Q: I am English and I don’t understand why Americans say “horseback riding.” In England, we just say “riding” or “horse riding.” It’s taken for granted that the back is the place of choice. I don’t know why it bothers me so much.
A: The term “horseback” is very old, and published references go back to the late 1300s, according to the Oxford English Dictionary. You can find it used as a noun, which sounds very odd to modern ears, and even as a verb. More commonly, it has been used as an adverb or adjective. Here’s an OED citation from 1390: “This knight, whiche hoved and abode Embuisshed upon horsebake.”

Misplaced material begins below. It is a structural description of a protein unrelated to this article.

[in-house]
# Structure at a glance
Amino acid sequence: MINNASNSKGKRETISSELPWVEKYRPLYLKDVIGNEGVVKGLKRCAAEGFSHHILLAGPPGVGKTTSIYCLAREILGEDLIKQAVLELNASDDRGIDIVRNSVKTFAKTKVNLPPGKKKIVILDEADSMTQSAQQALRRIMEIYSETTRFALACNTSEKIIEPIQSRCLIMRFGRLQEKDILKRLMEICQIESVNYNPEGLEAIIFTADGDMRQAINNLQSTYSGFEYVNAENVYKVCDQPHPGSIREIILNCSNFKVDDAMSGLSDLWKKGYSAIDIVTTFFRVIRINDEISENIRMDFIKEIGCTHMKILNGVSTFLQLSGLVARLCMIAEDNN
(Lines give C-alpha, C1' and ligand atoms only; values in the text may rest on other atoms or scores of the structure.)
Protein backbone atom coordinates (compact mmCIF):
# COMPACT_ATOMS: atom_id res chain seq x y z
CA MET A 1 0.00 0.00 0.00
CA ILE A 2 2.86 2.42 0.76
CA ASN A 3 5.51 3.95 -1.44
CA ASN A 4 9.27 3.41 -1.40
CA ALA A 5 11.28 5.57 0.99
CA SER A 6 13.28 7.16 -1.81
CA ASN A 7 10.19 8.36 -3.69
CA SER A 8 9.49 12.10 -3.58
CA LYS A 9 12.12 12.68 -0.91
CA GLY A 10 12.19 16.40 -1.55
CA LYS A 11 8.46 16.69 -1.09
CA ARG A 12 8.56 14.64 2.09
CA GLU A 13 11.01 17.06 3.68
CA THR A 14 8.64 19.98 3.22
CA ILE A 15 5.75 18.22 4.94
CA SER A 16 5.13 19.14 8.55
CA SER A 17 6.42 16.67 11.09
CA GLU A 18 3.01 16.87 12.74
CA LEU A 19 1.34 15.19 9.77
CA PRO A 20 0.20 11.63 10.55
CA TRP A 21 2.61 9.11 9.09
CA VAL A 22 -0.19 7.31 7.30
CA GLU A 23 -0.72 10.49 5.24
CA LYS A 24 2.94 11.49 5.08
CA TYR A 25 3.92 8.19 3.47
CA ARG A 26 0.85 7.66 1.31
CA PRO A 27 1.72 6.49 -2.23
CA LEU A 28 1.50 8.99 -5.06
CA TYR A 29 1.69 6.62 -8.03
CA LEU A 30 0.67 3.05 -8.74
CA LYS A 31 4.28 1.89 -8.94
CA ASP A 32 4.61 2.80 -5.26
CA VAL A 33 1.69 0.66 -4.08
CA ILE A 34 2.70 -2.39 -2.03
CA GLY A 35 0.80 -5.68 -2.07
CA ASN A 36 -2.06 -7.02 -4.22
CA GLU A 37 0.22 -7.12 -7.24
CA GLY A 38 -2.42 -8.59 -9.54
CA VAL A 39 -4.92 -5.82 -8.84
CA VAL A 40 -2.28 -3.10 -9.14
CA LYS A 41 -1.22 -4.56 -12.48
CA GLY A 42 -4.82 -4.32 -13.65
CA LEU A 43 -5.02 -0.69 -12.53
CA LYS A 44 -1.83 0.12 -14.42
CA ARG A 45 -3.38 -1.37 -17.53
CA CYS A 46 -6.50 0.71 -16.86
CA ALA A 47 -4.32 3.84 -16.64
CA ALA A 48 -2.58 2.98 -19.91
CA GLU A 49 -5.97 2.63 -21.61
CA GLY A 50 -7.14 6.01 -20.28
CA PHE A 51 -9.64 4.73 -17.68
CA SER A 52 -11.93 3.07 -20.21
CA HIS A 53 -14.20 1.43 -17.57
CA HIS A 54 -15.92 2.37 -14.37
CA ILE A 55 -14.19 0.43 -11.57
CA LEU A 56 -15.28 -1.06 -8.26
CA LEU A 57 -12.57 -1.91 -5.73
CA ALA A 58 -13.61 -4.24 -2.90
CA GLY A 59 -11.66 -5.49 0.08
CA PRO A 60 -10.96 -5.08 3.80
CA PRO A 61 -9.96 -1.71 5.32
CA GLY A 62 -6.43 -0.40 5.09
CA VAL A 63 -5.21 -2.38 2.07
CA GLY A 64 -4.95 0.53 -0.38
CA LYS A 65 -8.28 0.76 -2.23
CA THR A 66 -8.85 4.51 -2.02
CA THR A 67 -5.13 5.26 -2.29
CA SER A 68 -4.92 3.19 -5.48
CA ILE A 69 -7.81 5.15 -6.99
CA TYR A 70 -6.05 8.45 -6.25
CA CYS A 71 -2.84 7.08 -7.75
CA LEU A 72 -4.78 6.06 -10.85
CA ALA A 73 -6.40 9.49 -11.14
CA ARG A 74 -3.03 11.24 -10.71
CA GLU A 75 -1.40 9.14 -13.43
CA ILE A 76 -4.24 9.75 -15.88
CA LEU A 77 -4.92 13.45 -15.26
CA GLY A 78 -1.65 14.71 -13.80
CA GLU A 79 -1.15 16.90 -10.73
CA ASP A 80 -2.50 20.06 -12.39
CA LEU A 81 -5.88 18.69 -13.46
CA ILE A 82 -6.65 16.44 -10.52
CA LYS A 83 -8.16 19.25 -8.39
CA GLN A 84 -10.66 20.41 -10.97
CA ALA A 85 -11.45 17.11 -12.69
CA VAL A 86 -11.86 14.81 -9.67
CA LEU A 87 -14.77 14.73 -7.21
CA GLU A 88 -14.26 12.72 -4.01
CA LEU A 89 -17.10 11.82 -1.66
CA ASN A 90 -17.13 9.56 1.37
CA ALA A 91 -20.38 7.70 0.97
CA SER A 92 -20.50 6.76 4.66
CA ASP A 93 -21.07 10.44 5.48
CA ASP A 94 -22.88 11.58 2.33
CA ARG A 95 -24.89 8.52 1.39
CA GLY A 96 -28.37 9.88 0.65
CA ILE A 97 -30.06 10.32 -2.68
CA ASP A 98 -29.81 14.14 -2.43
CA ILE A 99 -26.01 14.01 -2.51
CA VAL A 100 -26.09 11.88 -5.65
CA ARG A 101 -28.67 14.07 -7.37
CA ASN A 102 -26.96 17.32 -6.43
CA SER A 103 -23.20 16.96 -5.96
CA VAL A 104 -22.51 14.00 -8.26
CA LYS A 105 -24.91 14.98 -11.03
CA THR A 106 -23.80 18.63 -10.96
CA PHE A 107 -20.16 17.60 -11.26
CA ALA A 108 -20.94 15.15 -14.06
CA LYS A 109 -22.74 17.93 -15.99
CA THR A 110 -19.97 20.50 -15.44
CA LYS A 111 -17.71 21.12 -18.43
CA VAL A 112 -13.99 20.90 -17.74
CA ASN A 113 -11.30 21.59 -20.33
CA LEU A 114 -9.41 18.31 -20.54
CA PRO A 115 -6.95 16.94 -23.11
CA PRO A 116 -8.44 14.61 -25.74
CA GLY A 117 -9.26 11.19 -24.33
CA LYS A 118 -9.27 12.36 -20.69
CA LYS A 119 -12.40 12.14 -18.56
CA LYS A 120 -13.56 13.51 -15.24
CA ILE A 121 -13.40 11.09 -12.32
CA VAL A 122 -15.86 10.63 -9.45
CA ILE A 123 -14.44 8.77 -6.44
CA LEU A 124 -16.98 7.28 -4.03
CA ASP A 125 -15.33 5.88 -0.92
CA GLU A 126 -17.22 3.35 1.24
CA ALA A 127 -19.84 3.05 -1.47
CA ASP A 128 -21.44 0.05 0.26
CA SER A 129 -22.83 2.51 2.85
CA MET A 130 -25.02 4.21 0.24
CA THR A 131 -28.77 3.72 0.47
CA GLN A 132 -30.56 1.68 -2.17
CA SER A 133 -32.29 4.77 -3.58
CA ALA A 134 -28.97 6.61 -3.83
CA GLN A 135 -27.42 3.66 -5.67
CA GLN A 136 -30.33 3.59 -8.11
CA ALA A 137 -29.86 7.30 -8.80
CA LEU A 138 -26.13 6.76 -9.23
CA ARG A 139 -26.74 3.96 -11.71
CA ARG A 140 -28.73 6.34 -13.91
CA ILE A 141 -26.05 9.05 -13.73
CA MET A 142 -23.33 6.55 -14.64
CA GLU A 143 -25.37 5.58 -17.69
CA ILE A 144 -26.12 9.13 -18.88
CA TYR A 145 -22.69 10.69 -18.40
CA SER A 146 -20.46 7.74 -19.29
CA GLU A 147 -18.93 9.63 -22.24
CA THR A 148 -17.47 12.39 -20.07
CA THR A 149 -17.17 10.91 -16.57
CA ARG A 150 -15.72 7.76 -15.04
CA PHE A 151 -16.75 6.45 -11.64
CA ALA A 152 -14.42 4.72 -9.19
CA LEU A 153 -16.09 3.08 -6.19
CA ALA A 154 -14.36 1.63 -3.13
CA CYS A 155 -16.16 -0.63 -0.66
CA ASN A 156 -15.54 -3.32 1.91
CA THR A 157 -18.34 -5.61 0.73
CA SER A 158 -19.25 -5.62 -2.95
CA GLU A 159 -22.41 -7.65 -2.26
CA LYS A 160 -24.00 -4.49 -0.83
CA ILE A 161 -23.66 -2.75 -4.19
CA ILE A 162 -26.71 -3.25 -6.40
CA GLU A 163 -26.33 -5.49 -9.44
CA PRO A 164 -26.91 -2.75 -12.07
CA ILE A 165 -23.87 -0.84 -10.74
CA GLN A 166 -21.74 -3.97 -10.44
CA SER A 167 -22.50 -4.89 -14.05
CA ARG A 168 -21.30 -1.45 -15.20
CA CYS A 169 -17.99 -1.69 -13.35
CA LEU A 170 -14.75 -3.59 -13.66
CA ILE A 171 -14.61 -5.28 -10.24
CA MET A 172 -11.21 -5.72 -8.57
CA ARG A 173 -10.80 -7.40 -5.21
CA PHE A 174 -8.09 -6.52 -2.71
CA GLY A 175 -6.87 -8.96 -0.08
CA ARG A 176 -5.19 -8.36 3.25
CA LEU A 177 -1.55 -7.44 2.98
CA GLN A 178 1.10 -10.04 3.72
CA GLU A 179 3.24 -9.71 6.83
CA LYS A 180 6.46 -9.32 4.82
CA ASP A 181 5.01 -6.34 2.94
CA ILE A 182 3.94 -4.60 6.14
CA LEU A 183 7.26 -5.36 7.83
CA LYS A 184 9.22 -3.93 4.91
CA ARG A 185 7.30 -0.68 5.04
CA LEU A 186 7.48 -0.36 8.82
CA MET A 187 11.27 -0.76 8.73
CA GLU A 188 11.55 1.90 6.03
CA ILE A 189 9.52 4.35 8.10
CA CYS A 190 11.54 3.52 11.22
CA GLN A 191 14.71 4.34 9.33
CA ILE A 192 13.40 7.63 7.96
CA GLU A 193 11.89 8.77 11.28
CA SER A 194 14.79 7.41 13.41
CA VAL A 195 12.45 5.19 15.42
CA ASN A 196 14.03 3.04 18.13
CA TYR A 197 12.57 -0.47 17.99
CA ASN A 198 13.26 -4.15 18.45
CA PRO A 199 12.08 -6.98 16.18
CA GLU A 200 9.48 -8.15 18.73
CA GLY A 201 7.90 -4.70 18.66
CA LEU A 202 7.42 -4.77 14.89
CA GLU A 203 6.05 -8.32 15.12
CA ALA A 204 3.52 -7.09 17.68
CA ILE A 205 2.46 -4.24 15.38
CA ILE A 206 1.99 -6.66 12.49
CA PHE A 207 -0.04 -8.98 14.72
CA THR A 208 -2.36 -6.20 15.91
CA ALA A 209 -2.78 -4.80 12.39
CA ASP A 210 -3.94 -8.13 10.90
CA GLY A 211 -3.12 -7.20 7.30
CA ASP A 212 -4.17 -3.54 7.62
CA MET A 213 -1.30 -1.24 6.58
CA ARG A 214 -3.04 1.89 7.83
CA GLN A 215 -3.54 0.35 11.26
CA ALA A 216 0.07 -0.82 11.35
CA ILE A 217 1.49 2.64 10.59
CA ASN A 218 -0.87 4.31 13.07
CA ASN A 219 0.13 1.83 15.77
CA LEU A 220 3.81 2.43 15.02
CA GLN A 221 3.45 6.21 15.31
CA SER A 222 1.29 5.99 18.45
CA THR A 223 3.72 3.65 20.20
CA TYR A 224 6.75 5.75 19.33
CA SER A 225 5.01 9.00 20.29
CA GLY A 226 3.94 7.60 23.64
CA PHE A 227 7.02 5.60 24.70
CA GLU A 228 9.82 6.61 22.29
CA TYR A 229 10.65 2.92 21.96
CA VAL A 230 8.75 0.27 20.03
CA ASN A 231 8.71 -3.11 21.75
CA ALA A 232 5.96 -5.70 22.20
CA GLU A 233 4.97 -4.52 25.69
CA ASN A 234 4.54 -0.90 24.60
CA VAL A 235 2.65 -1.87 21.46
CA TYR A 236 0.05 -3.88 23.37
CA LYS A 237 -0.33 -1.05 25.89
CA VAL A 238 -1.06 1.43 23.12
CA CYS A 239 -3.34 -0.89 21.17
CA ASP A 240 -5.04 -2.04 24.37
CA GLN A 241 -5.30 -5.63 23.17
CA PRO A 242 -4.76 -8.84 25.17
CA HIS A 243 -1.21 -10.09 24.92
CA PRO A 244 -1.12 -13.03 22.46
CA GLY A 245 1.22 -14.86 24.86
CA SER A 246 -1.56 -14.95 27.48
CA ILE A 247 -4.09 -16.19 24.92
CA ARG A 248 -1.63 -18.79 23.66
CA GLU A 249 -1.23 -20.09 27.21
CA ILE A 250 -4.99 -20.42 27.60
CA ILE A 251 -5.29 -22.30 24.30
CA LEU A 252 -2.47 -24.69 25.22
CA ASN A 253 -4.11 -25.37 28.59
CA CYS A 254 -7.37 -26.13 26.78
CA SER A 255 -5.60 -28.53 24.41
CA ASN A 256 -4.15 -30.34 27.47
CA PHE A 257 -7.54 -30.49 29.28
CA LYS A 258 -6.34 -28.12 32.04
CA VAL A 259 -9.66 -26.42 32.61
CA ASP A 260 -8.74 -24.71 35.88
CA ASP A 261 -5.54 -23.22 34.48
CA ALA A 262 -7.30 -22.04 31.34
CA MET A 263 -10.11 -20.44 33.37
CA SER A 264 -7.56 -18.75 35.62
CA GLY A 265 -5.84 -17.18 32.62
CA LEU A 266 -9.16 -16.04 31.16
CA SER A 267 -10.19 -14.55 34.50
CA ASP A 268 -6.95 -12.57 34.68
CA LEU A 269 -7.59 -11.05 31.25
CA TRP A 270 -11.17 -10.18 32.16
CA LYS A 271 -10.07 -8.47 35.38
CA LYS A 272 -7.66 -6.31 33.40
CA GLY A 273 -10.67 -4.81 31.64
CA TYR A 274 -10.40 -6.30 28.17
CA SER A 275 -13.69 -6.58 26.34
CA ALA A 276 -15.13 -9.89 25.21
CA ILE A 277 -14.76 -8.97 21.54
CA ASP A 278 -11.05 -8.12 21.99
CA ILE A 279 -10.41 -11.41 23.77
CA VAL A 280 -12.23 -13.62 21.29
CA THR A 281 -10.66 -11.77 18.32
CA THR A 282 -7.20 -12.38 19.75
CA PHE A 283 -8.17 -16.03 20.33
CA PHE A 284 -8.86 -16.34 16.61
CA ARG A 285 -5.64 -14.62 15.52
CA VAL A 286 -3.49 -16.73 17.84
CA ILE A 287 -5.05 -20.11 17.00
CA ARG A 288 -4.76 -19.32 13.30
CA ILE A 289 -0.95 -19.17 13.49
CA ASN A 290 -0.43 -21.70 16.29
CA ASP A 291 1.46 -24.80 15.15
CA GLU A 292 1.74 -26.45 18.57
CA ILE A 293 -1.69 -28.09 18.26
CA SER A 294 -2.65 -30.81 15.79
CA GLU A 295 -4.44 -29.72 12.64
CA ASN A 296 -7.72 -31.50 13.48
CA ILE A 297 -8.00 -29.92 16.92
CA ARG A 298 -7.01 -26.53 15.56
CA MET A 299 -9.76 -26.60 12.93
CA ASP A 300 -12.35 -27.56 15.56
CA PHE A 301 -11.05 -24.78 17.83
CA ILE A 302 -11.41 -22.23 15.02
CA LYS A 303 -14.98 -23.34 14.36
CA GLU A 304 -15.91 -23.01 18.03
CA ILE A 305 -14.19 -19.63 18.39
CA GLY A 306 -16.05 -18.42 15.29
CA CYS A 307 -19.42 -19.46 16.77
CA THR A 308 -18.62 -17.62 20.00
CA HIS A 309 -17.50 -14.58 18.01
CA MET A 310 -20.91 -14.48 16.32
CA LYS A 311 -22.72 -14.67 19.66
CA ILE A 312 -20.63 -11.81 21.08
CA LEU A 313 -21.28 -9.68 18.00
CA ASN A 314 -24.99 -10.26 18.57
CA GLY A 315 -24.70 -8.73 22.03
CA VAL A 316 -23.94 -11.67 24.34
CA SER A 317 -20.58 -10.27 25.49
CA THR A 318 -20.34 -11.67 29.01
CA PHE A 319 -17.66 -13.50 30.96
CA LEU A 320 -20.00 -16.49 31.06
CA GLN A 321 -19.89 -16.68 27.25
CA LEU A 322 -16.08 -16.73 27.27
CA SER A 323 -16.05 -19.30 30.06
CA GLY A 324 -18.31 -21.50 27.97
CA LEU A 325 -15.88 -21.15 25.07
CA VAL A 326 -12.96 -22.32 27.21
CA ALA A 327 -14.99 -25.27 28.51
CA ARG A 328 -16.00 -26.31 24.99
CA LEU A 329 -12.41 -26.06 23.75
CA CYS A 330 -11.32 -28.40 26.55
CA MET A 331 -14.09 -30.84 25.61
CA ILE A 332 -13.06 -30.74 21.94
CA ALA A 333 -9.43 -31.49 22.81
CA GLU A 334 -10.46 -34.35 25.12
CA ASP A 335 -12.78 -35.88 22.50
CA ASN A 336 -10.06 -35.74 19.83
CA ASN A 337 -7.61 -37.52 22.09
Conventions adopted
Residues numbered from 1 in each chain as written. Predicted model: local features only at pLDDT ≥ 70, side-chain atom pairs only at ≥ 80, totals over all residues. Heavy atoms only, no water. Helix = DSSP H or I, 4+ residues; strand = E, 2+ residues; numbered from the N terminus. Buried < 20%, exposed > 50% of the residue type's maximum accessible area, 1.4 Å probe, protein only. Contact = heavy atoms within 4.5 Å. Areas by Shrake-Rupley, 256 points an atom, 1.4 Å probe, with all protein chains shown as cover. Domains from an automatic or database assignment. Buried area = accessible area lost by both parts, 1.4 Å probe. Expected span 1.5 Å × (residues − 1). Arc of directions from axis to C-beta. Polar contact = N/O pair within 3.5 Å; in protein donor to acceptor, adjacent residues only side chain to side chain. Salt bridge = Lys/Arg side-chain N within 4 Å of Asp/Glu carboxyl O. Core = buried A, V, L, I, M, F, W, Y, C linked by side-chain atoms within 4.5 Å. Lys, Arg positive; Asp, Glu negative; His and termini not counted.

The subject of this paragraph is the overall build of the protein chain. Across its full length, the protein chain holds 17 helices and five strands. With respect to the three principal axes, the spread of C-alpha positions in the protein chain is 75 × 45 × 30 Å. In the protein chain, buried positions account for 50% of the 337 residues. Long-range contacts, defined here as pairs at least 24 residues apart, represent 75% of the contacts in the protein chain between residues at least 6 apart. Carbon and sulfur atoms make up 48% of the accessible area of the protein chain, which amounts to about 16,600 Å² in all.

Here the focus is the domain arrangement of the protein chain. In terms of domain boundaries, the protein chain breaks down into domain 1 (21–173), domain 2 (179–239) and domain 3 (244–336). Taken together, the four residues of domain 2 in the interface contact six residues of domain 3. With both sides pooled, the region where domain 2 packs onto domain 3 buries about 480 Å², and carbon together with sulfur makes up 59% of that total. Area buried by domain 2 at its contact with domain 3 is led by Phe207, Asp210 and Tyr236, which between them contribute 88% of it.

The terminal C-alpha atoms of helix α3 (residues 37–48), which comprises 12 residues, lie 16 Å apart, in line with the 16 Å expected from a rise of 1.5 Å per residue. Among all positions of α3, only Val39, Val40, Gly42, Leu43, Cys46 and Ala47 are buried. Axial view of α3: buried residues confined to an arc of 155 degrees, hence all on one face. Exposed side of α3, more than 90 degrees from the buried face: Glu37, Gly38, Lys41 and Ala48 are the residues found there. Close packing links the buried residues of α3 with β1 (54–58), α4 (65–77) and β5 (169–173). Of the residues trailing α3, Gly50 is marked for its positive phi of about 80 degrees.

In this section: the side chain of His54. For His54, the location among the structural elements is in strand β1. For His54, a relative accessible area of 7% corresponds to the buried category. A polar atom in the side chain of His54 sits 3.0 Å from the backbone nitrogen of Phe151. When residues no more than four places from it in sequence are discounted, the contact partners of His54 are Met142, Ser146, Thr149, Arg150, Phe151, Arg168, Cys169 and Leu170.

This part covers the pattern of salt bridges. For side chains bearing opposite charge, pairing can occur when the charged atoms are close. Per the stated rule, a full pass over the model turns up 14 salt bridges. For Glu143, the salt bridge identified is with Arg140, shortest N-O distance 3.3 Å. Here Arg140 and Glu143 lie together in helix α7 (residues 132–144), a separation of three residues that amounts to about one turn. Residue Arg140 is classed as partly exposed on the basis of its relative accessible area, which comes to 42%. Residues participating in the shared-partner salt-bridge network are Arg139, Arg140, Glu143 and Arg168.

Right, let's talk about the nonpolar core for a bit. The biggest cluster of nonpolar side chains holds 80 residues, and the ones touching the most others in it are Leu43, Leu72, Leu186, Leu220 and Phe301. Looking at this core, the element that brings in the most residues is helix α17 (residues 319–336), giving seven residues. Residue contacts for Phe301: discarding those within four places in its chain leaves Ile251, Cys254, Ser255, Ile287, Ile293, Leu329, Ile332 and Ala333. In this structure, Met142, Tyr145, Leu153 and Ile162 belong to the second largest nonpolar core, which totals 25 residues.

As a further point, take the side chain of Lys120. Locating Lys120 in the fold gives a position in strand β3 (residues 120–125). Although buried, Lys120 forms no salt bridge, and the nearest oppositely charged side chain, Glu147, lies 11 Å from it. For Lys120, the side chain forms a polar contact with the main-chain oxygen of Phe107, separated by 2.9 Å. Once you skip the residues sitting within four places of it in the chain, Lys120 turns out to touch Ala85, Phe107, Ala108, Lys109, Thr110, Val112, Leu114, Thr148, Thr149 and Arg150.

Now, to your question. The expressions “horseback ride” and “horseback riding,” according to the OED, are now “used chiefly in U.S.; in England, ride, riding are understood to be on horseback, unless otherwise expressed or implied, as ‘a ride in a wagon,’ ‘a bicycle ride.’ “
I haven’t found any reason for this difference in contemporary usage. It’s been my experience, though, that horsemen and horsewomen in the U.S. use “ride” and “riding” the same way they’re used in the U.K. Non-riders or occasional riders in the U.S. are more likely to refer to “horseback riding.”